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Inspiring Aviation Pioneer: Emily Hanrahan Howell Warner

Remembering an Inspiring Aviation Pioneer: Emily Hanrahan Howell Warner

The aviation community was saddened with the passing earlier this month of Emily Hanrahan Howell Warner, the first woman hired as a pilot by a U.S. commercial airline and the first female commercial captain. She was 80.

To NATCA member Jamie Sanders (Vice President at Denver Centennial ATCT, APA), Warner was more than just a pioneer, mentor, and inspiration. She was her aunt.

“My Aunt Emily paved the way for many of us female aviators,” said Sanders, who before starting her air traffic controller career in 2012, was a pilot for Allegiant Air and Great Lakes Airlines. “I started flying when I was 15 years old, having no clue that being a female pilot was not the norm. Every job I’ve had since then has been in aviation. I’ve made so many lifelong friends and have so many incredible memories, all because of my aunt and many others that fought so hard to get us to this point.”

Warner was the first woman member of the Air Line Pilots Association, International (ALPA), the largest pilots union in the world, and the leader of the first all-female commercial flight crew. She is an inducted member of the National Aviation Hall of Fame in Dayton, Ohio, the Women in Aviation International Pioneer Hall of Fame, and the National Women’s Hall of Fame. She also is included in the Smithsonian National Air and Space Museum, where her first uniform is on display.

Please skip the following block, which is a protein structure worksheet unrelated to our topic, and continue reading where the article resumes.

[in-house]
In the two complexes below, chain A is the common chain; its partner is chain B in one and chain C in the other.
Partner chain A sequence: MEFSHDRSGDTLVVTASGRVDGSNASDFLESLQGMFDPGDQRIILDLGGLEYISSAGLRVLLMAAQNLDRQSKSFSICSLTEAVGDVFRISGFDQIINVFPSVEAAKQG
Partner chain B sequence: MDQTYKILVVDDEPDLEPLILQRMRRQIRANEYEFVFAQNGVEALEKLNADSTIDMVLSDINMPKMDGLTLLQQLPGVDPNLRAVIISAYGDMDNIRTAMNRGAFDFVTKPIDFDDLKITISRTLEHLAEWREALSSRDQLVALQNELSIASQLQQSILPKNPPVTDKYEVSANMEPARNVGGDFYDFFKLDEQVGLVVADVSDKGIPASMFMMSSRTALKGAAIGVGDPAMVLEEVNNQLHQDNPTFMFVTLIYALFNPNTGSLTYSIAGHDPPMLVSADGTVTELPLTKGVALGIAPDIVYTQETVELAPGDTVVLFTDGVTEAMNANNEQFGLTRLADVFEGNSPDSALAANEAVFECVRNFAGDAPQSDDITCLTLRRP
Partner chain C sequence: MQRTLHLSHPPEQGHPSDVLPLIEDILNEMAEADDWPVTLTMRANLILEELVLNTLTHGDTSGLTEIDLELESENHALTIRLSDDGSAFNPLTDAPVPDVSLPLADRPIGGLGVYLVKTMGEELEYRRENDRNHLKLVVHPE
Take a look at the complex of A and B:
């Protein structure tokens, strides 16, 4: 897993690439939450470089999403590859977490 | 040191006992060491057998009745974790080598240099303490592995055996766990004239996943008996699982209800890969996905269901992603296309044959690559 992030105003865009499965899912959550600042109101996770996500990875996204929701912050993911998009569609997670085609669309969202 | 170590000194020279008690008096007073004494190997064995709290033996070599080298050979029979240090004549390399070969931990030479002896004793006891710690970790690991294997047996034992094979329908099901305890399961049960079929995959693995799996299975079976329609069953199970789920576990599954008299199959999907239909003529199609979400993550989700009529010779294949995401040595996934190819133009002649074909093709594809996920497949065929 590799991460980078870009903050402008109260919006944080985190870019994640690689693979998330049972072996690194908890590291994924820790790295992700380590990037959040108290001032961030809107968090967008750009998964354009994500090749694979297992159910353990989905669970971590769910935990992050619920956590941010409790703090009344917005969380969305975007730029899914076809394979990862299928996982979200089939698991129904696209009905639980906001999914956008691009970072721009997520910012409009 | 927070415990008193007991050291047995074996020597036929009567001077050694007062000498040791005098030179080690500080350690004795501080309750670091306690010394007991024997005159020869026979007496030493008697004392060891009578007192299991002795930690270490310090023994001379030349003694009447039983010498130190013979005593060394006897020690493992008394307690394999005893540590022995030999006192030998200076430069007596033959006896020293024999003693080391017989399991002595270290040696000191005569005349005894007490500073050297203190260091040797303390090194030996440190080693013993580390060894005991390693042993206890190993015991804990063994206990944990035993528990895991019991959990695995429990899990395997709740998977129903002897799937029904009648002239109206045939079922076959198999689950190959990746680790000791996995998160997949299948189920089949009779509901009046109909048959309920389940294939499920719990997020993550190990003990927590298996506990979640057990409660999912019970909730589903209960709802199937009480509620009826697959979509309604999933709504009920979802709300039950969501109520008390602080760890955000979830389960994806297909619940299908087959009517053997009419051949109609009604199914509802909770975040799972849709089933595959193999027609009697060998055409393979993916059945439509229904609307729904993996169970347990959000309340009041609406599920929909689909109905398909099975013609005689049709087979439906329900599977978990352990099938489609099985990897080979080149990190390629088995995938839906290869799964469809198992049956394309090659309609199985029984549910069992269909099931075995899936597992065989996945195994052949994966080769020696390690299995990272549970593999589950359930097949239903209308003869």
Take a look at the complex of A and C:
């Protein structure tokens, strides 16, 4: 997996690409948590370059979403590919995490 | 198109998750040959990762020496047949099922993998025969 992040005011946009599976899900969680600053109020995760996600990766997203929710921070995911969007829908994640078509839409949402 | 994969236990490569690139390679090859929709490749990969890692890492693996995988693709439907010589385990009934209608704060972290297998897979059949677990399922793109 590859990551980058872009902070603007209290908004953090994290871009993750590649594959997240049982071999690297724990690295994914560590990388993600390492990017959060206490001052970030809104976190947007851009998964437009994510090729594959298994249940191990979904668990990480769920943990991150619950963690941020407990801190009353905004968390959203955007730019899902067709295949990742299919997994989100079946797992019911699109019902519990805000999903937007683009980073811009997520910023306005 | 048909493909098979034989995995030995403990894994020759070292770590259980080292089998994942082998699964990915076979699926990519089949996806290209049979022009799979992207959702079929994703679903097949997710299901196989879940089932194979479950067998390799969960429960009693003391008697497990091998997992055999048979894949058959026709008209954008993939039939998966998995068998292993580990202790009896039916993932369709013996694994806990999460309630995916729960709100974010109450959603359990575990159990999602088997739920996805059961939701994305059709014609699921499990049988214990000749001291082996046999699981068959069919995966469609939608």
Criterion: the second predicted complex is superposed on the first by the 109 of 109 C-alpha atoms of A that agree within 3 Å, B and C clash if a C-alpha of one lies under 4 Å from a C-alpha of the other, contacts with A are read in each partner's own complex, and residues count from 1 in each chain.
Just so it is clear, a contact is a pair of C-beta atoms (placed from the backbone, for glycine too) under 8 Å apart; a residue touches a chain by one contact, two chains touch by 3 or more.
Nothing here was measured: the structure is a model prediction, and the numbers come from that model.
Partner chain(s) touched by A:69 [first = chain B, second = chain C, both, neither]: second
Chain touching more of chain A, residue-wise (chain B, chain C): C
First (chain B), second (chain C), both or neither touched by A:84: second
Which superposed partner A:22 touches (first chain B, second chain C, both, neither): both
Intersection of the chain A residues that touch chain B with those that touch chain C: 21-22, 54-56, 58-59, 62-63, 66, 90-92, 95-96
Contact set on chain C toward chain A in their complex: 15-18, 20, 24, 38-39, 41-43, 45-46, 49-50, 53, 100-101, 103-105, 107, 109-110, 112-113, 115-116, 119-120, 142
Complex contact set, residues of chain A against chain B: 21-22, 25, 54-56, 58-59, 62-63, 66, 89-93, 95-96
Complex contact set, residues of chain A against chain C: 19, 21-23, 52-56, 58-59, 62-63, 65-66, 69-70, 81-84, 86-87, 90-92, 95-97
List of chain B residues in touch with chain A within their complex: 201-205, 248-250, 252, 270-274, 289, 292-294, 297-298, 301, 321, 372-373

After graduating from high school, Warner took a trip on a Frontier Airlines DC-3 from Gunnison, Colo., to Denver. She knew right then that she wanted to be a pilot and started flying lessons the next week.

“I looked out that front window and it just hit me,”  Warner told The Denver Post  in 2014, the year of her aviation hall of fame induction. “It’s so beautiful looking out of the front window instead of looking out of the sides.”

She made her first solo flight in 1958 and later worked as a full-time flight instructor. But it wasn’t until 1973 that she was able to join the pilot corps at Frontier. She later flew for Continental and United Parcel Service before working for the Federal Aviation Administration as an air carrier inspector.

“She was told no over and over again. Patiently and gracefully she’d come back with a smile on her face and wait for her chance,” Sanders said. “It was not only her amazing strength and persistence, but her positive attitude and demeanor that finally got her through that door to prove her skills at last. She was always very humble, positive, and had a grace about her.”

Read more: Flying Magazine | The Denver Post